Slavery in America
It is surprising to think that slavery exists in the United States. The United States has fought wars all over the world in the name of defending human rights. Based on their justification for the wars, it is ironical that slavery, which is a violation of human rights, is alleged to be happening in the country. Unlike the picture of an African in a plantation, modern-day slavery manifests in the form of forced labor (whose features are the exercise of coercion and denial of freedom).
In the pre-civil war times, slaves were compelled to work. The capture and importation of slaves from Africa to America was primarily meant to obtain cheap or free labor. They often rebelled against their masters.
The slaves in the pre-Civil War period worked mainly in the plantations on the Southern side of North America, while the on Northern part of North America, slave labor was used for its non-plantation system. In the northern part, both skilled and unskilled black slaves worked in the rural industries: tanneries, salt works, and iron furnaces. In the south, slaves looked after stock and raised crops for exportation (Berlin 46). Most of the slaves’ time was spent around their master’s house, working as gardeners, stable keepers, and domestic servants.
Slave labor in pre-Civil War North America was hardly appreciated. They were paid nothing-except for either food or clothing, occasionally-or very little. Even so, their masters and leasers still thought they were paying too much: “A negro or black slave requires too much money at one time” (Berlin 47).
Their masters owned slaves in the pre-Civil War era. They were used for cheap labor or leasing. This meant that their masters made a lot of money from them. Some of the slave masters just used them as a measure of social status (Berlin 48). In the pre-Civil War period society, white person’s social status was partly measured by the number of slaves he/she owned.
Incidences of rebellion have been recorded as having happened in slavery in North America before the Civil War. Being more familiar with navigating thick forests than their masters, slaves found it easy to escape into the woods as a means of protest or liberation. Slaves often fled into the forests to escape servitude. For these slaves, they either had to escape the hell they lived in, or stay and continue being tortured. They mostly opted to be free and starve rather than work under ruthless masters. Forests dangers and slave hunters managed to return most of the slaves to their masters (Berlin 56). Some of the slaves managed to escape permanently.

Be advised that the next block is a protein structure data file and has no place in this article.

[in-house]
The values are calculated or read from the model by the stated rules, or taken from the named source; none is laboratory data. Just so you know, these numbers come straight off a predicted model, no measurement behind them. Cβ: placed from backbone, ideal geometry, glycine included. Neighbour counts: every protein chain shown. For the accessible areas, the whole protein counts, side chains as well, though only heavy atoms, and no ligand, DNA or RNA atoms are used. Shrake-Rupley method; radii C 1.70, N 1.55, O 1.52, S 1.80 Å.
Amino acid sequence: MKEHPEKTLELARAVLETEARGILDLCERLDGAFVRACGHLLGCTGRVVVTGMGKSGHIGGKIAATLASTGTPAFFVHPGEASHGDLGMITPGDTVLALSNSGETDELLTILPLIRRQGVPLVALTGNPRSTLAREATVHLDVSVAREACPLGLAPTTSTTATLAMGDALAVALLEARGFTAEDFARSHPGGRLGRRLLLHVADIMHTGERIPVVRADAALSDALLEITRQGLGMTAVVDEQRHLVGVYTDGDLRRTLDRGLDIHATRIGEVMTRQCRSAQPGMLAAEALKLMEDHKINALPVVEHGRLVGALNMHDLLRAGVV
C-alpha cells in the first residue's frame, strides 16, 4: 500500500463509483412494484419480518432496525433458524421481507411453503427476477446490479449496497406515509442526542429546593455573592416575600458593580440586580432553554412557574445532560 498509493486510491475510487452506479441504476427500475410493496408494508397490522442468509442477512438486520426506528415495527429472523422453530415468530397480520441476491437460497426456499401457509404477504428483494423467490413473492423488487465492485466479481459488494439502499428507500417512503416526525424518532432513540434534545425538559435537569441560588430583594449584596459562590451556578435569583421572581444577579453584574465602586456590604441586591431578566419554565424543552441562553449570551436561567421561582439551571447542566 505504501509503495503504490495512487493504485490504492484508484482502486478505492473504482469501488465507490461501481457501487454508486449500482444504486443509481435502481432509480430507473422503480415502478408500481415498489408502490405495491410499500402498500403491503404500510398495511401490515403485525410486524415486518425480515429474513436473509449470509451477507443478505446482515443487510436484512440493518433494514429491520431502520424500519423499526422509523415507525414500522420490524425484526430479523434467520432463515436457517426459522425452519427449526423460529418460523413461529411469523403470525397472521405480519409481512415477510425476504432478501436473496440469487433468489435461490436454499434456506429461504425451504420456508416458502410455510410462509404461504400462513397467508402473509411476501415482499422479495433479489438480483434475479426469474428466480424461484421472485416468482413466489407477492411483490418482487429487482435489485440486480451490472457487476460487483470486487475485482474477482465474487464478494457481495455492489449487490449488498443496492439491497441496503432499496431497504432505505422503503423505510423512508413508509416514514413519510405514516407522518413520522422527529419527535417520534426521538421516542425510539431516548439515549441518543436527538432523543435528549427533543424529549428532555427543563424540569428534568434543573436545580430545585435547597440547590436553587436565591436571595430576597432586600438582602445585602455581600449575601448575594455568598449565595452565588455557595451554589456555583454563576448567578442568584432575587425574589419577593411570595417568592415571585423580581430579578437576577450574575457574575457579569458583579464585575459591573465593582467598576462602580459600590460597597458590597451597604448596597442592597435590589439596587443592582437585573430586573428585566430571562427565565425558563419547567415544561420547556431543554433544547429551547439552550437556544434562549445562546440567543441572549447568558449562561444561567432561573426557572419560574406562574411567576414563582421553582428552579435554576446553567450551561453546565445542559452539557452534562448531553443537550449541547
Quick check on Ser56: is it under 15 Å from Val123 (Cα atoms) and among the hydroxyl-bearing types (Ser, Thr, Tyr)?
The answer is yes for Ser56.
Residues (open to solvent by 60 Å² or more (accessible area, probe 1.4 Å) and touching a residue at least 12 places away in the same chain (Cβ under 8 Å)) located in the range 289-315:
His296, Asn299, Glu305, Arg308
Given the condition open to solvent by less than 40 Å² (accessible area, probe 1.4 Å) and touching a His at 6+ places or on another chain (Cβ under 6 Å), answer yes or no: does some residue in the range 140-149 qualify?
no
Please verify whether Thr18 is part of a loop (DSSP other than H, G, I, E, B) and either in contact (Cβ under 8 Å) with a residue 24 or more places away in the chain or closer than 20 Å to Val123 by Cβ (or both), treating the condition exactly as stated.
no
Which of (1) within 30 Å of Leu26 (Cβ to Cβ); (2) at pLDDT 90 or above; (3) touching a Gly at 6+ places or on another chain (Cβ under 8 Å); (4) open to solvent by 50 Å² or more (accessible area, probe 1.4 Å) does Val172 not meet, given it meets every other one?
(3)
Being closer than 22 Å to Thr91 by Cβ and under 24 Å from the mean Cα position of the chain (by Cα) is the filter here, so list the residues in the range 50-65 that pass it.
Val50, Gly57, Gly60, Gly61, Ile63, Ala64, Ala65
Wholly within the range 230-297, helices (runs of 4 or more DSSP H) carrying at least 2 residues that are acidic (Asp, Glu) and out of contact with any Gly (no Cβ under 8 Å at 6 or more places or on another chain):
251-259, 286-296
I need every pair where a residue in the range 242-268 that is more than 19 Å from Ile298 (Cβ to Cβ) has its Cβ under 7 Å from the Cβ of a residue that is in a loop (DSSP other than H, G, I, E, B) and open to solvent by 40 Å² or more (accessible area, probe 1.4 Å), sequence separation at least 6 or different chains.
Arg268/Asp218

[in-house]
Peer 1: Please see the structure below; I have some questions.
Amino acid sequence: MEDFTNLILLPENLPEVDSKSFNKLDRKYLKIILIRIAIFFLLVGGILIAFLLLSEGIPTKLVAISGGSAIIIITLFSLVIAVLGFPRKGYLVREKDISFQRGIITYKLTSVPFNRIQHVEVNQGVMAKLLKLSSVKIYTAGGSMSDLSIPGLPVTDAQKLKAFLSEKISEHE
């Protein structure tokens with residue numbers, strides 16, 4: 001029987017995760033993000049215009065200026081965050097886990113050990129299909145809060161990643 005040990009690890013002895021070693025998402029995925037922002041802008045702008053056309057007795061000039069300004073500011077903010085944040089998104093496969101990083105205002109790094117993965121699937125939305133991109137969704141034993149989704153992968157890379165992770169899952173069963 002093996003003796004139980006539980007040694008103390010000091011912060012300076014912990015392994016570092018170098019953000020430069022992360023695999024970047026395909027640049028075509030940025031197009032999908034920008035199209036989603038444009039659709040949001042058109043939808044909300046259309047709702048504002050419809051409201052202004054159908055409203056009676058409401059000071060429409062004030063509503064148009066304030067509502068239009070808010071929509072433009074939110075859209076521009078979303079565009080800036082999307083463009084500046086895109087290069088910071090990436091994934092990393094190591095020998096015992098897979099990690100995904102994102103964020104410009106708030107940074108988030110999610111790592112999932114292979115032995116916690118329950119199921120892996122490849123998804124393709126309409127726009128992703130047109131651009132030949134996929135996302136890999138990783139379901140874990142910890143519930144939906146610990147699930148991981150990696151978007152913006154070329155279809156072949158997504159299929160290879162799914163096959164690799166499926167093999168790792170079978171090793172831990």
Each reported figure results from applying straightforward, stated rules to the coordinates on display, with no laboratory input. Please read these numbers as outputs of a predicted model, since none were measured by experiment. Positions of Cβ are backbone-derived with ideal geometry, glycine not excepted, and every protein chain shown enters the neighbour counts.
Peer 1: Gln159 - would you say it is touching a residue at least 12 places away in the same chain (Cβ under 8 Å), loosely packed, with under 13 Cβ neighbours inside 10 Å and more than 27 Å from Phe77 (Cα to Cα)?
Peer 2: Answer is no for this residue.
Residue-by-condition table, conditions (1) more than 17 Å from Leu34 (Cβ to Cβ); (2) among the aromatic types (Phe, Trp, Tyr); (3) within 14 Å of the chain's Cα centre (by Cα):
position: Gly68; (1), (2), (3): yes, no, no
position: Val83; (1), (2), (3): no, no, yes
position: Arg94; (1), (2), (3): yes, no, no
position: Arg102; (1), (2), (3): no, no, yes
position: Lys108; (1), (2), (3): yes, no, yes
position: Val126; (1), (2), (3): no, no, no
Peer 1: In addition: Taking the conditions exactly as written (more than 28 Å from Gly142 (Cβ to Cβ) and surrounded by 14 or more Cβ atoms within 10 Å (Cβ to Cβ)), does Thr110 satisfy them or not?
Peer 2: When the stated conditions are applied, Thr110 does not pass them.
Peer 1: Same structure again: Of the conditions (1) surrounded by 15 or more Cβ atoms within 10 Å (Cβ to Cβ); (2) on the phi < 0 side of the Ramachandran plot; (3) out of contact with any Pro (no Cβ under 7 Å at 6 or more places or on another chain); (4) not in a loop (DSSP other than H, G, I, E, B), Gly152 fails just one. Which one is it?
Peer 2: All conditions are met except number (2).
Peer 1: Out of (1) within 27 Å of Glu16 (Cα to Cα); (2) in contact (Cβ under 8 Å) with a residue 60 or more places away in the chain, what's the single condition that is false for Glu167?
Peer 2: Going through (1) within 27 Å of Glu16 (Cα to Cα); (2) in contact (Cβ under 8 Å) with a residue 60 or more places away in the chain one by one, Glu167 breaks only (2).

Compared to what prisoners go through in the American prison systems, it is possible that the prisoners work involuntarily. There has been implementation of chain gangs (groups of prisoners chained together while they are working outside the prison) in some of the American prisons. The chain gang is a form of forced labor. It is brutal. It was first applied to road development project in the 1890s. Prisoners had chains wrapped around their ankles while they worked, ate and slept. Browne mentions the existence of a chain gang of women in a prison in Maricopa County (80). Such measures are commonly meant to reinforce cooperation.
The work done in today’s American prisons involves textile work, construction, manufacturing, and service work. Browne writes that the prisoners in the American prison system manufacture soaps and shoes, do lab dental work, recycle, do carpentry and metal work, and operate dairy farms and slaughterhouses (79).
Prisoners in the American prisons are actually paid. The wages are lower than the minimum wage allowed in the country though. Browne writes that the prisoners are not legally protected in terms of minimum wage and overtime work (78). This loophole may allow those using the prisoners’ labor to pay as low as they like. This type of exploitation of prisoners is common in the American prison system.
In the prison system in America, as Browne outlines, private corporations are able to rent factories in prisons or borrow prisoners out to factories, and there are factories in prisons that are operated by the government, whose turnovers are in billions (80).
Incidences of defiance and resistance against unfair use of prison labor have been reported in the American prison system. Prisoners have resorted to forming Prison Unions in order to bolter their complaints about low wages and the denial of the right to bargain. Some prisons have resorted to implementing the chain gang as a counter measure against the defiance of prison workers.
As a conclusion, similarities between pre-civil war slavery and slavery in the American prison system can be seen. In both cases, the type of work done, though different, is physically demanding; the wages paid are low, if any, arguably amounting to exploitation of labor. The instances of rebellion against exploitation in both cases may be interpreted as being forced to work, which as at least is a partial definition of slavery; and slave owners profited massively, as do the private corporations and government factories. The American prison system, arguably, at least, replicates the pre-civil war slavery.
Berlin, Ira. “Time, space, and the evolution of Afro-American society on British mainland North
America.” The American Historical Review (1980): 44-78. <http://www.shsu.edu/jll004/colonial_summer09/berlintimespaceandevolution.pdf>.
Browne, Jaron. “Rooted in slavery: Prison labor exploitation.” Race, Poverty & the Environment